A Texas man has been sentenced to more than 24 years in prison for selling marijuana, thanks to federal mandatory-minimum sentencing laws.
David Lopez was arrested after attempting to hire a DEA informant and an undercover cop to transport marijuana for him. According to federal prosecutors, Lopez had been shipping marijuana from El Paso to various destinations around the country since 2001, and was connected to a series of drug busts in which cops seized over 3,300 kilos of pot.
On June 2nd, Lopez was sentenced to 293 months in federal prison after being convicted on drug conspiracy and possession charges. The extreme length of the sentence was due in part to federal rules requiring mandatory-minimum sentences for drug conspiracy charges. Prosecutors also recommended additional time because Lopez had been convicted of felony marijuana possession in 1995. If Lopez serves his full sentence, he will be 78 years old when he is released.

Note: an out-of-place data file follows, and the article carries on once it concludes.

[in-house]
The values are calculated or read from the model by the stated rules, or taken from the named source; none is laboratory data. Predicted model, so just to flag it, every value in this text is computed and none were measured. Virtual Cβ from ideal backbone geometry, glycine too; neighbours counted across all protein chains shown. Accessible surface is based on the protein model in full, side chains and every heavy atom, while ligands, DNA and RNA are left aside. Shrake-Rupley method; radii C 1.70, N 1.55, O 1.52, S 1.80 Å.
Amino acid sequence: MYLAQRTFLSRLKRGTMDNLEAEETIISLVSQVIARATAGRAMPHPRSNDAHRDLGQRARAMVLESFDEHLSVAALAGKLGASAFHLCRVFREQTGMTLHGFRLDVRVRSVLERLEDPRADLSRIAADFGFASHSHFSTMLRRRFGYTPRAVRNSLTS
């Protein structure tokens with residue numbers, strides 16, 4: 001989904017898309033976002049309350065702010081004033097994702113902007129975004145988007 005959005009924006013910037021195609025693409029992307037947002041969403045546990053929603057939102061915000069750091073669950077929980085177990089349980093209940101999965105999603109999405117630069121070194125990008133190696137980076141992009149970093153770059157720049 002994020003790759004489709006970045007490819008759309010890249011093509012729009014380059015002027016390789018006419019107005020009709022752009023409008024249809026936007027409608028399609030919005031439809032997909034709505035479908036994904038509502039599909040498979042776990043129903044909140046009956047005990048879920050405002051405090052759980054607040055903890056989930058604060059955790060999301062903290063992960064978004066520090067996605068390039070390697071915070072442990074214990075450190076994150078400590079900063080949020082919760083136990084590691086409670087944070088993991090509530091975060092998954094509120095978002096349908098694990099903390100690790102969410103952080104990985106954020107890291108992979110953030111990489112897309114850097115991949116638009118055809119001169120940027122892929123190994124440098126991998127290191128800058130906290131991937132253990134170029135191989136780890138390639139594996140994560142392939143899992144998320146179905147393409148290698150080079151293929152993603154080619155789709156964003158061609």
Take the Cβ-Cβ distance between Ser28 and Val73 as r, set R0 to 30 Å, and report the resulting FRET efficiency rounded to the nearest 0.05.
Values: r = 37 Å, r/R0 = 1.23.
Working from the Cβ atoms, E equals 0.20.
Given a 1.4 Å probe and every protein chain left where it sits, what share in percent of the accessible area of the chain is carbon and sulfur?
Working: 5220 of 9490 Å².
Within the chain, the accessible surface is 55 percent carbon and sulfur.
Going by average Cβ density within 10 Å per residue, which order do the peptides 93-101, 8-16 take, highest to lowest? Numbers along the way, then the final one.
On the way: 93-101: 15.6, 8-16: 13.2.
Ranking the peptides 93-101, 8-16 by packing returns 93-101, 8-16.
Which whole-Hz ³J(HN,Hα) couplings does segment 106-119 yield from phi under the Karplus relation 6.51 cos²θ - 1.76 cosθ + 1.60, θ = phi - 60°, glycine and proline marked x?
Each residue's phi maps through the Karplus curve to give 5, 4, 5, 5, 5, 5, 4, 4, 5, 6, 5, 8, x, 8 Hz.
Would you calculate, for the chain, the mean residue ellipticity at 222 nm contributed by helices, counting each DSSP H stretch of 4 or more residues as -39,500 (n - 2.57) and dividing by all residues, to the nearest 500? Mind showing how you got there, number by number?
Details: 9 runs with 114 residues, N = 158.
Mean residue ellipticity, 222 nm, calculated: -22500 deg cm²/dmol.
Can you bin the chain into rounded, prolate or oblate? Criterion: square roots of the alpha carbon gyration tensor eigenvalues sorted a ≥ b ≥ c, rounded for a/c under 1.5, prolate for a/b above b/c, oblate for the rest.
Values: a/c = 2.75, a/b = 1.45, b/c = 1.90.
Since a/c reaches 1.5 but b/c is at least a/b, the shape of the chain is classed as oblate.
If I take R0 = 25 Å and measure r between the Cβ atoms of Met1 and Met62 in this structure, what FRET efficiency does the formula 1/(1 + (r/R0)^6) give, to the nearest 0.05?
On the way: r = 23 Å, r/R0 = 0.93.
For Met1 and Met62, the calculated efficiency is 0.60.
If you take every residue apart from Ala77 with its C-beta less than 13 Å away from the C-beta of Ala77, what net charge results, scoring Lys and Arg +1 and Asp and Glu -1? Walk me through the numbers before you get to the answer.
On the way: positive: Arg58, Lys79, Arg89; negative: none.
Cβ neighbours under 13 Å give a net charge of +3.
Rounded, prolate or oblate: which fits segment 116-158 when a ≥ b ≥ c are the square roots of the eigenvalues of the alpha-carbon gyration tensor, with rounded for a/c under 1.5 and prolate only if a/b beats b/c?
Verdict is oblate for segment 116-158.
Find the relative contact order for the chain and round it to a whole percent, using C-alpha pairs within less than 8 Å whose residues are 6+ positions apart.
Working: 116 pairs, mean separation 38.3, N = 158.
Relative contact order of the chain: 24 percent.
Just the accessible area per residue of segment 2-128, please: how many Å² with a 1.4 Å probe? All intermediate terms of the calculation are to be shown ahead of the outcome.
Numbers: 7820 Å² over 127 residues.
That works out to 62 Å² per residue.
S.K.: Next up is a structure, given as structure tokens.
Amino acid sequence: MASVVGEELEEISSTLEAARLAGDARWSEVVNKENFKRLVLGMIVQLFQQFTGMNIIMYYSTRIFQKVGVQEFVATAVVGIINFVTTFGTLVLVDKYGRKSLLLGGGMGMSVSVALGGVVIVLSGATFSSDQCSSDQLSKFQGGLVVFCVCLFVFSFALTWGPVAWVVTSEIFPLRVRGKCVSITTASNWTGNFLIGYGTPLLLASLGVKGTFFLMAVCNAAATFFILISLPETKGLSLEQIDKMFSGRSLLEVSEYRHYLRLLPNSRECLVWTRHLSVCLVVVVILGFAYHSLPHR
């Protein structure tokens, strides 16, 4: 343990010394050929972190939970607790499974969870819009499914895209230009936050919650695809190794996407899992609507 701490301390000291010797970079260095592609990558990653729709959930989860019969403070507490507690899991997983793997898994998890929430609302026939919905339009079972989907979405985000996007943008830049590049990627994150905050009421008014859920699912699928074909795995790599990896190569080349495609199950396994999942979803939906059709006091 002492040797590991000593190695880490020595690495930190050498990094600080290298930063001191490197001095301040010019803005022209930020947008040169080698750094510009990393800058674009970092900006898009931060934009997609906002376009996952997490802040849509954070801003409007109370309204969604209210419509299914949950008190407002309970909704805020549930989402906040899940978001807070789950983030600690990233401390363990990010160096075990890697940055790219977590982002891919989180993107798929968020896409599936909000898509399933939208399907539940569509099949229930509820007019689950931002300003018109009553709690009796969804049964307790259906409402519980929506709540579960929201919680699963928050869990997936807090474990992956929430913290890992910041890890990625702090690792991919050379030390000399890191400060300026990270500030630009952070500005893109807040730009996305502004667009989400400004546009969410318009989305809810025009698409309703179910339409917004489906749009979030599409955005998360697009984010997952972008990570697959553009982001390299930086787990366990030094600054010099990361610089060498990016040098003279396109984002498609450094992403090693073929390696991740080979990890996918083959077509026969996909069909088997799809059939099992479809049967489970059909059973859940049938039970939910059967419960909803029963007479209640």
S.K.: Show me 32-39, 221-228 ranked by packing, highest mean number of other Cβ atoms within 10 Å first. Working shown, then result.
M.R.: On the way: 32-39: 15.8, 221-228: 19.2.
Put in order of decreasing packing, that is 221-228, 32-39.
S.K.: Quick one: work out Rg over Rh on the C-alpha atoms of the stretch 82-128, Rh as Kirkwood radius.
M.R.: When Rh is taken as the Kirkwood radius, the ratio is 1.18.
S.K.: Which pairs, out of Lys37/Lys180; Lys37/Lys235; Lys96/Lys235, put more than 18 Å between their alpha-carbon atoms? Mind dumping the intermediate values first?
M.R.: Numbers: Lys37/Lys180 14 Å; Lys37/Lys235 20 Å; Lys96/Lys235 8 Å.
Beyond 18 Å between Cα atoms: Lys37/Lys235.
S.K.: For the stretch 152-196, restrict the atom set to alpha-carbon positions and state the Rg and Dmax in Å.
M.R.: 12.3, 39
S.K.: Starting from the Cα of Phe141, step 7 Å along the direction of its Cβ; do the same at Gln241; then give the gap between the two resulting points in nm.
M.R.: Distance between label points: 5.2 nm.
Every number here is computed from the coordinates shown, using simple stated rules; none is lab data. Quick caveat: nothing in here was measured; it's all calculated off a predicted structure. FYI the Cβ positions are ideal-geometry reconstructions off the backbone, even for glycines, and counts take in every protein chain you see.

The case began under the Obama administration, which had worked to lessen sentences for nonviolent drug offenders like Lopez. Current Attorney General Jeff Sessions has reversed that policy, instructing the Department of Justice to seek mandatory minimums for drug offenders. Thousands of Americans are being jailed every year on federal drug charges. In 2015, the U.S. Sentencing Commission reported 3,384 marijuana trafficking cases, accounting for around 17% of all federal drug offenders.